Totally agree, but the divergence of my take on the book’s ending versus the movie’s interpretation began well before the consumption of the berries.
I watch as he painfully makes it to his feet. Then he’s moving toward me, as if in slow motion, his hand is pulling the knife from his belt—
Before I am even aware of my actions, my bow is loaded with the arrow pointed straight at his heart. Peeta raises his eyebrows and I see the knife has already left his hand on its way to the lake where it splashes in the water. I drop my weapons and take a step back, my face burning in what can only be shame.
“You’re not leaving me here alone,” I say. Because if he dies, I’ll never go home, not really. I’ll spend the rest of my life in this arena trying to think my way out.
Because the entirety of the scene in the books is, to me, a good portion of the reason why the districts are inspired to rebel. Katniss’ experiences in the arena parallel that of Panem: she has spent the entirety of her time focused on survival and has learned that even the barest of graces extended by the Capitol-that twenty two children may die instead of twenty three-will eventually prove illusory. There is so much emotional power in that first excerpt, when Katniss is still in survival mode and immediately prepares to shoot Peeta. Once she sees that he means only to disarm and sacrifice himself, she realizes that not only was she played by the Capitol again but that to continue to comply with their rules would mean the irrevocable loss of her humanity and her sanity.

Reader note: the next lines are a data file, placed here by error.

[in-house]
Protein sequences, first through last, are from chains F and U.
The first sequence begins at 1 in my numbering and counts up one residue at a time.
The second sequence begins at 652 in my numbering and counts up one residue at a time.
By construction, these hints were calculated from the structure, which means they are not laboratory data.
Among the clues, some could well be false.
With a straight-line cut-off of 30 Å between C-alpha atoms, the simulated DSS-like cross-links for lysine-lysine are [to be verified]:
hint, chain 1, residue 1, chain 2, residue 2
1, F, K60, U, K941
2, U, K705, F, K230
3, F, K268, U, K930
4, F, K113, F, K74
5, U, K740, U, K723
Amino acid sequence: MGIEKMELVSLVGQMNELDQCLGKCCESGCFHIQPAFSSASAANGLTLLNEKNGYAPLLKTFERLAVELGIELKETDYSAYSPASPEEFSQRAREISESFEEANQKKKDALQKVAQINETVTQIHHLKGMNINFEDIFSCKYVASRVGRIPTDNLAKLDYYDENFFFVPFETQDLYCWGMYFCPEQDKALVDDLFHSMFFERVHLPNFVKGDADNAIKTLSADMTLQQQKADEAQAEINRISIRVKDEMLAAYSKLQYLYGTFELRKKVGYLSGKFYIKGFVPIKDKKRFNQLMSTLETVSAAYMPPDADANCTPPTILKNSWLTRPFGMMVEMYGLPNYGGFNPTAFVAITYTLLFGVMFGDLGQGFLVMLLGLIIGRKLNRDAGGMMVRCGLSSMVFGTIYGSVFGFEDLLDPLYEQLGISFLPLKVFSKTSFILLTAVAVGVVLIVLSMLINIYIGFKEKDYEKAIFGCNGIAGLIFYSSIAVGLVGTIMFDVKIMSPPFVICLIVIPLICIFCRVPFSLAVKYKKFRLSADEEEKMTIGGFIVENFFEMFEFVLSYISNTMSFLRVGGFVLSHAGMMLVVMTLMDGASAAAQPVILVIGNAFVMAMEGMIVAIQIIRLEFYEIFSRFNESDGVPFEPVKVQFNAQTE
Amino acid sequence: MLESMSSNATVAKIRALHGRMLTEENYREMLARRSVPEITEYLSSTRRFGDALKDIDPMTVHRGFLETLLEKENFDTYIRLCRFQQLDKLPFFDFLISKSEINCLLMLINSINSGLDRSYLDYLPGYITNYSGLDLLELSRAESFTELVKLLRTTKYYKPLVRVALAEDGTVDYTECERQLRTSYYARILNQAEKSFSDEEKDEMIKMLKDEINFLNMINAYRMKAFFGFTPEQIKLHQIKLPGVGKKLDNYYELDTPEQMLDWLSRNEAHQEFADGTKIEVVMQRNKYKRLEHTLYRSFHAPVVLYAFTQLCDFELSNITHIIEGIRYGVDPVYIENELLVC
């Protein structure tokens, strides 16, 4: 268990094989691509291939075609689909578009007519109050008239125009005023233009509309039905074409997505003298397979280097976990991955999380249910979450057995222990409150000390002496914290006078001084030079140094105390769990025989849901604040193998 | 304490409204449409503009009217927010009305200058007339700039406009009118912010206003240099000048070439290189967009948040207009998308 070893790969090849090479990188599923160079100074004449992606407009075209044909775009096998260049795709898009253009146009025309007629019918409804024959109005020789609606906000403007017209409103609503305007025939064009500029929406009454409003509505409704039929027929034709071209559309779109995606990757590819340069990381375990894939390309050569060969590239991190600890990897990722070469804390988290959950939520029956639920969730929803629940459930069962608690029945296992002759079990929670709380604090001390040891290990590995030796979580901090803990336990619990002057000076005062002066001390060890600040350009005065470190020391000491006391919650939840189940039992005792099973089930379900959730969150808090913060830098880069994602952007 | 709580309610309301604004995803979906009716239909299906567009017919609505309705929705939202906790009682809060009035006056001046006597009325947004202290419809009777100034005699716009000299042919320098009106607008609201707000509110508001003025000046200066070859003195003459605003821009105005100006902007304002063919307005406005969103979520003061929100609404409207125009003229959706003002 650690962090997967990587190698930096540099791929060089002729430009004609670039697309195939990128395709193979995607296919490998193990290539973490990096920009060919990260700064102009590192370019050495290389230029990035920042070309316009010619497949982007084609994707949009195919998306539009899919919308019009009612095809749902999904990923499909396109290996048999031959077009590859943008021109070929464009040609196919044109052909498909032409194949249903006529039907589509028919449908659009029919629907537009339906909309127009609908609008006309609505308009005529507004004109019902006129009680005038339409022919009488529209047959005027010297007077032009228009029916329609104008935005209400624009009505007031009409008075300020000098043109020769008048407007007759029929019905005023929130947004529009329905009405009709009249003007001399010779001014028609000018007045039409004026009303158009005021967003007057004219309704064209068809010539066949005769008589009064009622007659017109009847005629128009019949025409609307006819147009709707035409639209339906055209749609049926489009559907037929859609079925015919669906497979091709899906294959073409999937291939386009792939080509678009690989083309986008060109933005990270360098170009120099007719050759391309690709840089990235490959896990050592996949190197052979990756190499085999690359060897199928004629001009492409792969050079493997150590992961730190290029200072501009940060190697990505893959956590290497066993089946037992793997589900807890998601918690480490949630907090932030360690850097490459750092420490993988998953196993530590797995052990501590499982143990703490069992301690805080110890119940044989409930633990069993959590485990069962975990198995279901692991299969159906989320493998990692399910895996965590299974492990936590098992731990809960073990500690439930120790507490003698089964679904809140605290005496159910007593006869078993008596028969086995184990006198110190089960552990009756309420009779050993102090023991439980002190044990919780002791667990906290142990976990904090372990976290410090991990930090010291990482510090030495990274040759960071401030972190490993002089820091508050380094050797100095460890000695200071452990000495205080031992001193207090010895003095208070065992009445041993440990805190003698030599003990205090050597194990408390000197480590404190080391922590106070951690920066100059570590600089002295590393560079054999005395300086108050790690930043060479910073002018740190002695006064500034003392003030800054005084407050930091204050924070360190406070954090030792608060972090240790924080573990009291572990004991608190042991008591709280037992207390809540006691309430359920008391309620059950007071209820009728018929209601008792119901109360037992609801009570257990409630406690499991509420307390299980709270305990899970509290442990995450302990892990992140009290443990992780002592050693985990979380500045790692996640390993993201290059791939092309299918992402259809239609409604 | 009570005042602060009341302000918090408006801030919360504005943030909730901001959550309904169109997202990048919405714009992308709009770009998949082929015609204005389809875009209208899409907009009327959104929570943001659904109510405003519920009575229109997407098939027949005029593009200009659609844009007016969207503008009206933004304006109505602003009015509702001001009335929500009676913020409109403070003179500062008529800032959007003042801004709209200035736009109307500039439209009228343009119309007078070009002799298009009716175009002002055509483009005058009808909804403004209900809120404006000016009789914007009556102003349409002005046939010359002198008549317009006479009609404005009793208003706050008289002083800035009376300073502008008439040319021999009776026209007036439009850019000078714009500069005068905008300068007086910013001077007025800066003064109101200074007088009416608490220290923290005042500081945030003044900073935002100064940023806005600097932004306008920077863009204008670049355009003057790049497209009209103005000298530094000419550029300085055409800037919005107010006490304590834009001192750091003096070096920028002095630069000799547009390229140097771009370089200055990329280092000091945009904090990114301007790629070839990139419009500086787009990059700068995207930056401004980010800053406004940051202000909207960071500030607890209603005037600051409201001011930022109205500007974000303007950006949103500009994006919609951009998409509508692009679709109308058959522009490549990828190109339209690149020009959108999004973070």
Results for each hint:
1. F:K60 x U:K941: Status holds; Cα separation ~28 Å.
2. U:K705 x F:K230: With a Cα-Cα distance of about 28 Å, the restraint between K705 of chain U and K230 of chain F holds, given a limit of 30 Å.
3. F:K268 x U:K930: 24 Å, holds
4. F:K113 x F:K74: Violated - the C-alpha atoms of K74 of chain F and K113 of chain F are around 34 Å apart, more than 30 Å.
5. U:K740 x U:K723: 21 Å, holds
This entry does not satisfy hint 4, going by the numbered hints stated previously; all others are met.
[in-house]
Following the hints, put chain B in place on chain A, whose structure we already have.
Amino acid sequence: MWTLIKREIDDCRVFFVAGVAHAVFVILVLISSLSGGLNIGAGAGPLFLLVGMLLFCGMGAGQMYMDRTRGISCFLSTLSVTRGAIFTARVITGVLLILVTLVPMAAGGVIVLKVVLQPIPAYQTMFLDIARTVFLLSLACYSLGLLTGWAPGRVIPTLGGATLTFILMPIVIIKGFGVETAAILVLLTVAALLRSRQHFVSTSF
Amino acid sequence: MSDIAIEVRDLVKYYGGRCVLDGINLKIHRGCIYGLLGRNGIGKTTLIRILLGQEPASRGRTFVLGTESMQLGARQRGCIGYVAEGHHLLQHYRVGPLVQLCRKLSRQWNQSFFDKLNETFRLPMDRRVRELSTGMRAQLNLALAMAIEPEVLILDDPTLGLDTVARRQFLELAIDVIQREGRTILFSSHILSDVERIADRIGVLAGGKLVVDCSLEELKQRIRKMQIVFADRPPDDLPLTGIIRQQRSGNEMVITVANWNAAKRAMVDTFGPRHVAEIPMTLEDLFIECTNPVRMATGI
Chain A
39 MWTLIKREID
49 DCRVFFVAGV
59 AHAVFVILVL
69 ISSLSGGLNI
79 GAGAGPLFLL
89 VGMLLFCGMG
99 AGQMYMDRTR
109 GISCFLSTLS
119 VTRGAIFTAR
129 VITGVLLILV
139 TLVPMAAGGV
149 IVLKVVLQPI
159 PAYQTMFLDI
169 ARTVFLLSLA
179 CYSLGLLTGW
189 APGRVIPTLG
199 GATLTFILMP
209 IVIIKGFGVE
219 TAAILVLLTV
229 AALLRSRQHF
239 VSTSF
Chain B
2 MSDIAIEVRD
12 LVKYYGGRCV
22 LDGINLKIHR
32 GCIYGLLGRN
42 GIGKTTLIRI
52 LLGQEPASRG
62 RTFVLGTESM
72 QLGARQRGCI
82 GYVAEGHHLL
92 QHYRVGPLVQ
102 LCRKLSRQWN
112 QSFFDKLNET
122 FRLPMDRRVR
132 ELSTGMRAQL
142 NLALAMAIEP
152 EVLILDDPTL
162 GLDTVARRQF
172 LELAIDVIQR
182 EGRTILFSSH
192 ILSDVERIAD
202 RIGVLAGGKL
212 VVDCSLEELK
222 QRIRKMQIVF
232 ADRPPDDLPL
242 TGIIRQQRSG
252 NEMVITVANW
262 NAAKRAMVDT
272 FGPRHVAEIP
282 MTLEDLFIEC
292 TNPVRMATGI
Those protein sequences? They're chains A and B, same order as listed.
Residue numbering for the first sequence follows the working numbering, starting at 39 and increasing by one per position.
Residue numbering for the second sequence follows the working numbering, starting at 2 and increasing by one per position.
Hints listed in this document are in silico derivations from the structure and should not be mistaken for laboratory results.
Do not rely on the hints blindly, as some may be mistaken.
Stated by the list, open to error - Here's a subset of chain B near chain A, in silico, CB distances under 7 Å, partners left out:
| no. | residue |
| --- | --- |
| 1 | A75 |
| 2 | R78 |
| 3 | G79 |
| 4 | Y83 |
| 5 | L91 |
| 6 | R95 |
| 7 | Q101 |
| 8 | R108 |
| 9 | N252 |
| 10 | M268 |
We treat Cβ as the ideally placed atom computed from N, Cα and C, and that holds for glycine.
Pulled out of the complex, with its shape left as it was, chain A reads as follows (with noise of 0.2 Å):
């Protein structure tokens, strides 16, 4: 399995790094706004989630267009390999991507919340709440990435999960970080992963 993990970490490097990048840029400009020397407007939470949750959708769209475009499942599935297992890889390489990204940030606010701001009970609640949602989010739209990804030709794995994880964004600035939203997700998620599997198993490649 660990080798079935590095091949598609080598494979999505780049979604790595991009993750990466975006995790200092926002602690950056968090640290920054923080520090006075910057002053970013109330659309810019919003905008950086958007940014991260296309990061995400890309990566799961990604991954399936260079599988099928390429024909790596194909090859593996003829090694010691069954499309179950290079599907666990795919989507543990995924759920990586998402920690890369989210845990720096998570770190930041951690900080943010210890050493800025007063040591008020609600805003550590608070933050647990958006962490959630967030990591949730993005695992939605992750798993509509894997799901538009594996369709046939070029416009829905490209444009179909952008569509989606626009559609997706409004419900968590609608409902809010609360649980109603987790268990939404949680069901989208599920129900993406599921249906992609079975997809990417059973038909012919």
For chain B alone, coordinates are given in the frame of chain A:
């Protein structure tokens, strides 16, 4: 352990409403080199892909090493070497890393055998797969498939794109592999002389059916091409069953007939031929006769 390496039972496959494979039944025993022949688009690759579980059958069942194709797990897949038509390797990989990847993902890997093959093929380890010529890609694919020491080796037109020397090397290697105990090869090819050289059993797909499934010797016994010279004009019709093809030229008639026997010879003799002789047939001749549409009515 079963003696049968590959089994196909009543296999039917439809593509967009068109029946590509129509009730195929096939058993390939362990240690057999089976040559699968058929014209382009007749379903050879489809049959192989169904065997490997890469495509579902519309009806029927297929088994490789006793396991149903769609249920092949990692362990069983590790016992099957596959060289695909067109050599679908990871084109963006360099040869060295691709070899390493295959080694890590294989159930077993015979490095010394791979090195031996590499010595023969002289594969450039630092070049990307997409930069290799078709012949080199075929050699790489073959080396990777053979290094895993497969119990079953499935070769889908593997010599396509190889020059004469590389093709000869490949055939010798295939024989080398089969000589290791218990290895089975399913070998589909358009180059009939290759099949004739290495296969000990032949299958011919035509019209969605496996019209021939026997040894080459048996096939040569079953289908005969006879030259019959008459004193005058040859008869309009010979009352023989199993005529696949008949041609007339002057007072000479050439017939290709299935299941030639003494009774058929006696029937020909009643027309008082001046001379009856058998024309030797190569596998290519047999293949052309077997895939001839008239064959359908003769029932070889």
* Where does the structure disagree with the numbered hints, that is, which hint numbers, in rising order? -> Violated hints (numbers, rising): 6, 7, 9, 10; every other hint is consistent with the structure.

There is an emotional desperation to the end of the book, from this realization right through to her breakdown during Peeta’s surgery, that is lacking in the movie. Katniss was pushed to the very brink of what she could endure, and yet she still resisted the government’s cruelty. Katniss often accuses herself of being selfish, but she has rejected time and time again the every-person-for-him-or-herself mentality that seems to be necessary for survival in Panem, from volunteering for Prim to her alliances with Rue and Peeta. If Katniss were playing according to the Capitol’s rules, she has absolutely nothing to gain from this suicide pact because she has essentially been guaranteed victory by the combination of Peeta’s willingness to sacrifice himself and the severity of his injuries which have left him on the point of death. Katniss could not only survive, but win, and no one in Panem would fault her for her actions; no one, that is, except herself. The ending is Katniss choosing to think beyond mere survival, and Panem was then able to realize that it could (and should) be able to do the same.